Client Contract Execution Environment (P8e) FAQ

What is the Client Contract Execution Environment or CCEE or P8e?

The Client Contract Environment (CCEE or P8e) is a framework that is part of the Provenance Blockchain ecosystem. The CCEE includes components that facilitate the management of contracts and its associated documents both on-chain and off-chain. One component deals with the secure communication between business partners to exchange information required to fulfill the contract. This communication flows through an asynchronous mail-box system where all messages are authenticated and encrypted by the two parties’ keys.
In addition, the CCEE includes facilities to easily refer to documents by their hash-id, and to encrypt and store those docs in an Encrypted Object Store (EOS). Those encrypted documents are indexed by their hash-id and optionally by selected document attribute values. The latter allows one to aggregate documents based on common attributes without revealing their sensitive content.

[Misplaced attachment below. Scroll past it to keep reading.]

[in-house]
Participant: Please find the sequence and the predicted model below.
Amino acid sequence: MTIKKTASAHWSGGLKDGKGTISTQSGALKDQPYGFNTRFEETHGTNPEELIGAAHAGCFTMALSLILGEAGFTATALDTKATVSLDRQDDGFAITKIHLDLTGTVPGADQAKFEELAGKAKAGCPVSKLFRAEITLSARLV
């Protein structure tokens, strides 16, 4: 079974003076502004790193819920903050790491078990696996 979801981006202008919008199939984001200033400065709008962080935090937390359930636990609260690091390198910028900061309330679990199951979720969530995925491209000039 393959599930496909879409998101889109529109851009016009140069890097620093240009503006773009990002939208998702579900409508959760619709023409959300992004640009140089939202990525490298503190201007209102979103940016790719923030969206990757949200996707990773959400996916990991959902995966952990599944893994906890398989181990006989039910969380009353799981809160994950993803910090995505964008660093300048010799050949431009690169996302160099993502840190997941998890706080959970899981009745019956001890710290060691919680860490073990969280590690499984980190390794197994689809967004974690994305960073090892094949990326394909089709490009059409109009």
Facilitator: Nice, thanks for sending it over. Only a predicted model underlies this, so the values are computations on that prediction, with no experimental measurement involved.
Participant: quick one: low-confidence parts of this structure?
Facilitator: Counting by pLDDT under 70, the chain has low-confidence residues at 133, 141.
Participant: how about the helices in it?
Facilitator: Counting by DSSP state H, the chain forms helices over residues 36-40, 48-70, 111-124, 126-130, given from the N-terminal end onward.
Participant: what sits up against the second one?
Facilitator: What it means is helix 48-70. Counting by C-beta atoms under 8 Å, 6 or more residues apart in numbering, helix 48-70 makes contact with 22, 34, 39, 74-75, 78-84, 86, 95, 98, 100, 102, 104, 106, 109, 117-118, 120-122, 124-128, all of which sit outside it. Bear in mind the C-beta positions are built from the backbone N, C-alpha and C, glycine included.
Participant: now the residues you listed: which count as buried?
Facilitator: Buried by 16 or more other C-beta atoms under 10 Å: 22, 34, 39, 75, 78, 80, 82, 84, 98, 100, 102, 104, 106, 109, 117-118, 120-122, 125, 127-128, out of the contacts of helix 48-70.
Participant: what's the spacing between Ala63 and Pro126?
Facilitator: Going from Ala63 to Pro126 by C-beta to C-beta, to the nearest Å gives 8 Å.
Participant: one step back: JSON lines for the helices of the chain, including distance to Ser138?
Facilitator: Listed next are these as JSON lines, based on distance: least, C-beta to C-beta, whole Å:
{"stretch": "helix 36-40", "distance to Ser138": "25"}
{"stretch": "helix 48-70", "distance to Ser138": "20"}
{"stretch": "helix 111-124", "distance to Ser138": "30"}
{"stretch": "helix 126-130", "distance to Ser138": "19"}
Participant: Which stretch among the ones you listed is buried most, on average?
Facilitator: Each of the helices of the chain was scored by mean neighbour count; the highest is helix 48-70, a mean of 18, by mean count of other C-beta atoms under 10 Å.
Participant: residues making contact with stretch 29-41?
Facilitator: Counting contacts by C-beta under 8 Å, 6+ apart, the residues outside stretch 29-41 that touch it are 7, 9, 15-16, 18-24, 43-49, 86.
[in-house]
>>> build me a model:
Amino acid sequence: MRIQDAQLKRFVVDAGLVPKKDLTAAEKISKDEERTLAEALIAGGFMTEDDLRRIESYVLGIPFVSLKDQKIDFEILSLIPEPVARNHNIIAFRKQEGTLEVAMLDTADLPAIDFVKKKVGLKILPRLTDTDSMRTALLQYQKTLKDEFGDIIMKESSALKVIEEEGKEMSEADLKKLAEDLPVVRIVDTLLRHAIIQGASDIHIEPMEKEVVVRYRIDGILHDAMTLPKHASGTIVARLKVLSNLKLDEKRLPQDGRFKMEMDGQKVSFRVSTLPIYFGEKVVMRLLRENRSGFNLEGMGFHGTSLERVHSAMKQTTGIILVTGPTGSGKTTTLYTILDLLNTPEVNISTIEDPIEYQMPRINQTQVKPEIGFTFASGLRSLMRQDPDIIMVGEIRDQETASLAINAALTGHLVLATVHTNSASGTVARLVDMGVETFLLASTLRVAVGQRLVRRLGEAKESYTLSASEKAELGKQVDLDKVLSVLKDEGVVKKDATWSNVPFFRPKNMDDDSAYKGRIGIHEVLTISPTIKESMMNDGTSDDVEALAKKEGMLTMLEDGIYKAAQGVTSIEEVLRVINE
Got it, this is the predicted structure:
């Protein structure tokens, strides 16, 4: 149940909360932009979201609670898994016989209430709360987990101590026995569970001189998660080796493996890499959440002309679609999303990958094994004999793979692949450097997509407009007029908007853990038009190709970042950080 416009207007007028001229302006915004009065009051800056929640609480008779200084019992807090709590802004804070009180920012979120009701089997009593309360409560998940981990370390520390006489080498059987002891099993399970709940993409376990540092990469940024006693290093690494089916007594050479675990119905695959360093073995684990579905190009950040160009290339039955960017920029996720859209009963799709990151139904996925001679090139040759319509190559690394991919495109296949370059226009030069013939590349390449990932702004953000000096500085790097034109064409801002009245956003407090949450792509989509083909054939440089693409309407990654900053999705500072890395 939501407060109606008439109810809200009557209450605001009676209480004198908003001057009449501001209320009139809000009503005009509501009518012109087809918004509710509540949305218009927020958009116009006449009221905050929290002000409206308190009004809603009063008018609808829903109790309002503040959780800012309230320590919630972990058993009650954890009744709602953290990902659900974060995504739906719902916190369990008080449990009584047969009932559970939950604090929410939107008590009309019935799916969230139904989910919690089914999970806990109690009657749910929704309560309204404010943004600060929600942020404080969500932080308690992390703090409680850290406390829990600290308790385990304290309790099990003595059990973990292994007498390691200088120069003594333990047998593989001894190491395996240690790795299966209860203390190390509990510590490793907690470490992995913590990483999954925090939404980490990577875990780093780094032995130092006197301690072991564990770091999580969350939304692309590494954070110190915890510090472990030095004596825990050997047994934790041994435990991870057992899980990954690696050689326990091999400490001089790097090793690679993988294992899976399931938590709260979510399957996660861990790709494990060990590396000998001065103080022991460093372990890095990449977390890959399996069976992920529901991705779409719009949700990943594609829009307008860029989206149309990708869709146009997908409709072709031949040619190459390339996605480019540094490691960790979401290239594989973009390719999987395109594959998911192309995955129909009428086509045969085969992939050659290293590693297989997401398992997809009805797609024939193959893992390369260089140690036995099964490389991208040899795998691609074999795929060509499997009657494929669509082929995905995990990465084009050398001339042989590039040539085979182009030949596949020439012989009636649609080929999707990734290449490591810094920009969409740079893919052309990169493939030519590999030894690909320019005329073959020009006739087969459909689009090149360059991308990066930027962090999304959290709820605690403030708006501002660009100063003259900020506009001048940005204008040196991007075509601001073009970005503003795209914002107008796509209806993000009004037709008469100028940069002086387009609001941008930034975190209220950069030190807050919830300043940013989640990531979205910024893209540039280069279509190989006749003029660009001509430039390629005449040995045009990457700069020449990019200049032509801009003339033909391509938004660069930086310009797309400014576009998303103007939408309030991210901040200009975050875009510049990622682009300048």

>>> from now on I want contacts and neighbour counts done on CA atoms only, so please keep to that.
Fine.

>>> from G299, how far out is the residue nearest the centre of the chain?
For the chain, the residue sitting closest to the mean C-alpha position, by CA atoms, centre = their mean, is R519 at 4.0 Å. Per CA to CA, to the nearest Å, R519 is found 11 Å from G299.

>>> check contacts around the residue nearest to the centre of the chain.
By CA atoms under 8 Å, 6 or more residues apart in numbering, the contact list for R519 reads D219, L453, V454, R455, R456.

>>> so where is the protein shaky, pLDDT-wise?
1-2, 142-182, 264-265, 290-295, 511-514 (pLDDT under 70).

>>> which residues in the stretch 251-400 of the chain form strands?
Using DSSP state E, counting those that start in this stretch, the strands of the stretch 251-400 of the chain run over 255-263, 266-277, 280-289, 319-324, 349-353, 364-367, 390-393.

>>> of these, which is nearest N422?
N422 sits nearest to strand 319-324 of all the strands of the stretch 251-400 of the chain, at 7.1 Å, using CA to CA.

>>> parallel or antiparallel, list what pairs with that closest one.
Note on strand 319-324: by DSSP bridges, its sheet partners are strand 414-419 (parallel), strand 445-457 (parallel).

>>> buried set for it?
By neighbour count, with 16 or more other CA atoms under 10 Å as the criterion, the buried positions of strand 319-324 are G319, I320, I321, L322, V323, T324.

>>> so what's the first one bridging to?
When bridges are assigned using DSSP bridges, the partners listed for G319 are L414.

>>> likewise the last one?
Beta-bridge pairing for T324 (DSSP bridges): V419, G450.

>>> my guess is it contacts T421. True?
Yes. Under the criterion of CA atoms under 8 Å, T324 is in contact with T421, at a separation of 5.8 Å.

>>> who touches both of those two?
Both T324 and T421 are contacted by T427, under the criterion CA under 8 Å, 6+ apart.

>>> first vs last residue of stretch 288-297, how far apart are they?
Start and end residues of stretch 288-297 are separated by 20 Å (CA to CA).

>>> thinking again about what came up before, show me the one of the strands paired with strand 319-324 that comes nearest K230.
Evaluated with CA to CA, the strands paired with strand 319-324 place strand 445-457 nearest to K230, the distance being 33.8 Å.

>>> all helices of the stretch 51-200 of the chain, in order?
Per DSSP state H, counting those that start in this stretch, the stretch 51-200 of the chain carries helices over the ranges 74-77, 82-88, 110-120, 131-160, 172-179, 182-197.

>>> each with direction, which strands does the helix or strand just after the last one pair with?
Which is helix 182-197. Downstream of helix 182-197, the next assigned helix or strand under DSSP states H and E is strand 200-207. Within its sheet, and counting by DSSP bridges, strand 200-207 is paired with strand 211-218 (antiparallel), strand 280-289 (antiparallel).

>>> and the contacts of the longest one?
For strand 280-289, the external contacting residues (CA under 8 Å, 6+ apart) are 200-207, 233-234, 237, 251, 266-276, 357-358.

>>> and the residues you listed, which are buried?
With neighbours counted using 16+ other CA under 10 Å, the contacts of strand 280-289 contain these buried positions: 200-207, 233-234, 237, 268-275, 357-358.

What does P8e stand for?

P8e is the nickname for Provenance Blockchain’s Client Contract Execution Environment. The abbreviation comes from the word "Provenance", which starts with a “P”, then skips 8 letters and ends with “e” - “P8e”.

What is a hash-id

When external documents are referred to by the cryptographic hash of their contents in on-chain, immutable transactions, it extends the immutability to that off-chain information. The hash value of a document’s content is used as a globally unique identifier (URI) or name (URN) for that content and is typified by ‘hash-id’.

What is the EOS or Encrypted Object Store?

For many financial applications, many of the relevant documents, data and contracts are confidential and private. To facilitate that requirement, the Provenance Blockchain ecosystem includes services that make it easy to refer to confidential documents by its hash-id, and encrypt and store those documents in a database where they are indexed by their hash-id. The encryption-key is specific for the owner or client of that document. When a contract requires the exchange of such a document, the service will re-encrypt the document with a key associated with the business partner receiving that document.